Microsoft’s official Group Policy blog
It has been a while since my last blog. I figure after shipping Windows Vista, a week of vacation, and two winter snowstorms that I should get back to updating the blog. So, lets wrap up the four remaining computer policy settings for Windows Defender.
Two of the remaining four policy settings allow you to enable or disable logging when using real-time protection. The Enable logging known Good Detections policy settings forces Windows Defender to write detailed information about applications it detects as known “good” applications to the event log. The Enable logging Unknown Detection policy settings forces Windows Defender to write detailed information about applications it detects as “unknown” to the event log. Both of these policy settings, when enabled, write information to the event log. When disabled, the do not. Also, enabling either of these policy settings can increases the size of and number of events appear in your event log. Make sure your event log configuration can accommodate the additional activity.
The next policy setting, titled Download Entire Signature Set, forces Windows Defender to download the entire signature set, rather than downloading an update. Updated signature sets are much smaller than the entire signature sets. The smaller size results in a faster download of the signature set. However, at times, downloading the entire signature set (which is larger and takes longer to download), can resolve issues with signature installations. By default, Windows Defender downloads updated signatures unless you enable this policy setting.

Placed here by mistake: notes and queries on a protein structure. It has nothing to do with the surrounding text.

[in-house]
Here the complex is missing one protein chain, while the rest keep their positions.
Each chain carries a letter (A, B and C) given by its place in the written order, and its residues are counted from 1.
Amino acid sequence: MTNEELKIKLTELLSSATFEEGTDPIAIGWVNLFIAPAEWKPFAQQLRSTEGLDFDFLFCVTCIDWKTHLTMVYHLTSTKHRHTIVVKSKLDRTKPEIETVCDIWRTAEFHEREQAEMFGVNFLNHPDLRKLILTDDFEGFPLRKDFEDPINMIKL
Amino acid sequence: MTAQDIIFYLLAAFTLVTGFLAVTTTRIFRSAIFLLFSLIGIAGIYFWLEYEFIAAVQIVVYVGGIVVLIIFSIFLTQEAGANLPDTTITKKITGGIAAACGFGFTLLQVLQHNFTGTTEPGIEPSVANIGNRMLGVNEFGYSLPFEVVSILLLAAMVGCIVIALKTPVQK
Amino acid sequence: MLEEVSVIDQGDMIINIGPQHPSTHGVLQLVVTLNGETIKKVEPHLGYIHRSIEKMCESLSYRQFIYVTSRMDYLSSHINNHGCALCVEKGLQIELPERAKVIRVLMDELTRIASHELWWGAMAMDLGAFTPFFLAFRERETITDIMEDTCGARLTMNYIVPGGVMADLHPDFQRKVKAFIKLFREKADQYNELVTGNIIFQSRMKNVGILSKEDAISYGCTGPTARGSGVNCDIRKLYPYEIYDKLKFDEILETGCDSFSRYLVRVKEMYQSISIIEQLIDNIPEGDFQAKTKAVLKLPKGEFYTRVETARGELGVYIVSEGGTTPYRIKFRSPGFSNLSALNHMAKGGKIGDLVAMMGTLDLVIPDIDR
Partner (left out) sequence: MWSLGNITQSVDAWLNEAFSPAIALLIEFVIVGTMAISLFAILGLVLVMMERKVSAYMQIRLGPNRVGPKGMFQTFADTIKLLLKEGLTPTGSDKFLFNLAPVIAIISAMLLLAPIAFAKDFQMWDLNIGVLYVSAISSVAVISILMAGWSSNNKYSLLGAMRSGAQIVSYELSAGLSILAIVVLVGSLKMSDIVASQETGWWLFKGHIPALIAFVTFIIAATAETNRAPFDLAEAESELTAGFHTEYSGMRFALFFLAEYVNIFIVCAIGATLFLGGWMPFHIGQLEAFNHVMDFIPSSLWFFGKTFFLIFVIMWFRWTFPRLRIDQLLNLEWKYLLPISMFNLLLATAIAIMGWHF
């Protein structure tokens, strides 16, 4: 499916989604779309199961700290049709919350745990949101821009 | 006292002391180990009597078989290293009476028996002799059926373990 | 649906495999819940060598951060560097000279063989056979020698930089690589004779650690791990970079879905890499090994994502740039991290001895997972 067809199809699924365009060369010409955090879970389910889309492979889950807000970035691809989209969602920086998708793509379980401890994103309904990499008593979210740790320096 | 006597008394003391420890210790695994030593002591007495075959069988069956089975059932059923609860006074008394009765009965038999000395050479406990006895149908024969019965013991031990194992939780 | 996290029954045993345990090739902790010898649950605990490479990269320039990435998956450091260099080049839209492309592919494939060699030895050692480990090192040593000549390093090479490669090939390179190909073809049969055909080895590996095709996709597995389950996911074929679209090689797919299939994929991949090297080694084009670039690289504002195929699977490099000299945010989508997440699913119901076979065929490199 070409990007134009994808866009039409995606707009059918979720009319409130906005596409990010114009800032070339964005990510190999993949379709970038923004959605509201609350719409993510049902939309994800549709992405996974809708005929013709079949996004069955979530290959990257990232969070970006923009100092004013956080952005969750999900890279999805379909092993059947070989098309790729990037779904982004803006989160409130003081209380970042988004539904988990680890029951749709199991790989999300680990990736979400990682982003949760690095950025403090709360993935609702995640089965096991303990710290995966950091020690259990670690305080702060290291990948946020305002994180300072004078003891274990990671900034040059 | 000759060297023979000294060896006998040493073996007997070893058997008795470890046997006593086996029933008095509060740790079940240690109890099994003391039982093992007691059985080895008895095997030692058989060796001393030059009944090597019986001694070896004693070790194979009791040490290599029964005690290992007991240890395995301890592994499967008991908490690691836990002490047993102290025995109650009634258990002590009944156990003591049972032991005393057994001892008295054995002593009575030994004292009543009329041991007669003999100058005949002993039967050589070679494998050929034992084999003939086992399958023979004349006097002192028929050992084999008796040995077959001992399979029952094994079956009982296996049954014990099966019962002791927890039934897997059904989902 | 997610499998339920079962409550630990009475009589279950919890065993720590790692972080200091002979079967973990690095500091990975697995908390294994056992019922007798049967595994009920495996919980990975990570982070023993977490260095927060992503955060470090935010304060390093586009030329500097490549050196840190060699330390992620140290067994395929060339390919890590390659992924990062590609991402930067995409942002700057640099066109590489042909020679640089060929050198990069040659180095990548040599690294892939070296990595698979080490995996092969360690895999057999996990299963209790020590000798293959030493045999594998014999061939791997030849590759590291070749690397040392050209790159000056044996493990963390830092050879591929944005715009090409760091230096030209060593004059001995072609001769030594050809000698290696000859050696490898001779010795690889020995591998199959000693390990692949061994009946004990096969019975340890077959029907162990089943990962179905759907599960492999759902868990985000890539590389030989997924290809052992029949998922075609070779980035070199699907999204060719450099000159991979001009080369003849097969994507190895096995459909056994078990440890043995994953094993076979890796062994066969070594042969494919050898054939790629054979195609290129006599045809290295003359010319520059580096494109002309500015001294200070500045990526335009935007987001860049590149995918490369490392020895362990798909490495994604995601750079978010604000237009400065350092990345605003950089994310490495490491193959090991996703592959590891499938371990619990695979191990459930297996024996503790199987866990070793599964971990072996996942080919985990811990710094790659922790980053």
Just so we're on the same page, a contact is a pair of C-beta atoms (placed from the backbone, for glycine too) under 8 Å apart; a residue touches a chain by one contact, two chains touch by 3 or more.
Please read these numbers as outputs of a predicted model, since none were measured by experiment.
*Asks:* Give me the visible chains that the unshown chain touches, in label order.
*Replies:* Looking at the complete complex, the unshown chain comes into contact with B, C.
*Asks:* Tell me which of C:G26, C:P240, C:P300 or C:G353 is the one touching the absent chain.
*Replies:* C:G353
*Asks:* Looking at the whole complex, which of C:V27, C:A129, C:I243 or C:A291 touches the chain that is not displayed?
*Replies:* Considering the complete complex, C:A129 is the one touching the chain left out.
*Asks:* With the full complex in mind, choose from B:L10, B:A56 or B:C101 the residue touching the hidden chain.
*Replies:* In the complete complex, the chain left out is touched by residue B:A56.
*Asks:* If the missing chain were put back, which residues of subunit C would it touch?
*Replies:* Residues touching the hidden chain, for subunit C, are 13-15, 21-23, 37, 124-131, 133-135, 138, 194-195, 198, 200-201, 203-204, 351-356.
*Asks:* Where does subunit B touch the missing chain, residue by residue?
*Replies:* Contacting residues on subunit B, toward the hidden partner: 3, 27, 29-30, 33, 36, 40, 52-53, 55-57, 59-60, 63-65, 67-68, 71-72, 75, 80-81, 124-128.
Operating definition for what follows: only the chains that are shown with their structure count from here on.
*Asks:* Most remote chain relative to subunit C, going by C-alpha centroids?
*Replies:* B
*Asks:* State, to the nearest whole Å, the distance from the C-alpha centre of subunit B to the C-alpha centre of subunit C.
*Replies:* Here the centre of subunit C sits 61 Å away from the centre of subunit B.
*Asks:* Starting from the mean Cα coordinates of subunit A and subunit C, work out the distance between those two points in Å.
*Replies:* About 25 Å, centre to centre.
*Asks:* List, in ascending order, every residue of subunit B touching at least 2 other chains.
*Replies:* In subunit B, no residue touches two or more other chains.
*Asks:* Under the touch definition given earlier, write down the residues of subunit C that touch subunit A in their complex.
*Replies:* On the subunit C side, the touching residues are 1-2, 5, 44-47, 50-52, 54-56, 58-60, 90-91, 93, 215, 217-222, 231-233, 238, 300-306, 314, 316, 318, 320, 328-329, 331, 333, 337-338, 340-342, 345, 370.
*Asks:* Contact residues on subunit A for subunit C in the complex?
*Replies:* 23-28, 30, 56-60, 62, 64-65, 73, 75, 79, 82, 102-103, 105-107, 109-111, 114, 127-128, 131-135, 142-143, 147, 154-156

The last policy setting, Configured Microsoft SpyNet Reporting, allows you to configure Microsoft SpyNet reporting. Microsoft SpyNet is an online network that helps you respond to potential spyware threats.
When Windows Defender detects software or changes by software not yet classified for risks, you see how other members responded to the alert. In turn, the actions you apply help other members choose how to respond. Your actions also help Microsoft choose which software to investigate for potential threats. You can choose to send basic or additional information about detected software. Additional information helps improve how Windows Defender works. It can include, for example, the location of detected items on your computer if harmful software has been removed. Windows Defender will automatically collect and send the information (borrowed from the explain text).
By Default, membership to Microsoft SpyNet is disabled. However, once you enable this policy settings you have two three choices:
No Membership—forces the “No Membership” settings to all computers that receive the policy setting. Computers do not send any information to Microsoft and users are not warned if Windows Defender detects unclassified applications.
Basic—forces the “Basic” setting to all computer that received the policy setting. Computers send basic information about the detect items and actions you apply to each warning. This information is shared with the SpyNet community. Users are not alerted when Windows Defender detects unclassified software.
Advance—forces the “Advance” setting to all computers that receive the policy setting. Computers send additional information about your choices and the detected items to the SpyNet community. Users are alerted and must choose either “allow” or “block” actions when Windows Defender detects unclassified software.
That wraps up Windows Defender. Also, it concludes my introduction of new Group Policy settings included with Windows Vista. I hope that, after the many weeks of blogging, you can see how much more you can do with Group Policy and Windows Vista.
Mike Stephens, Technical Writer, Group Policy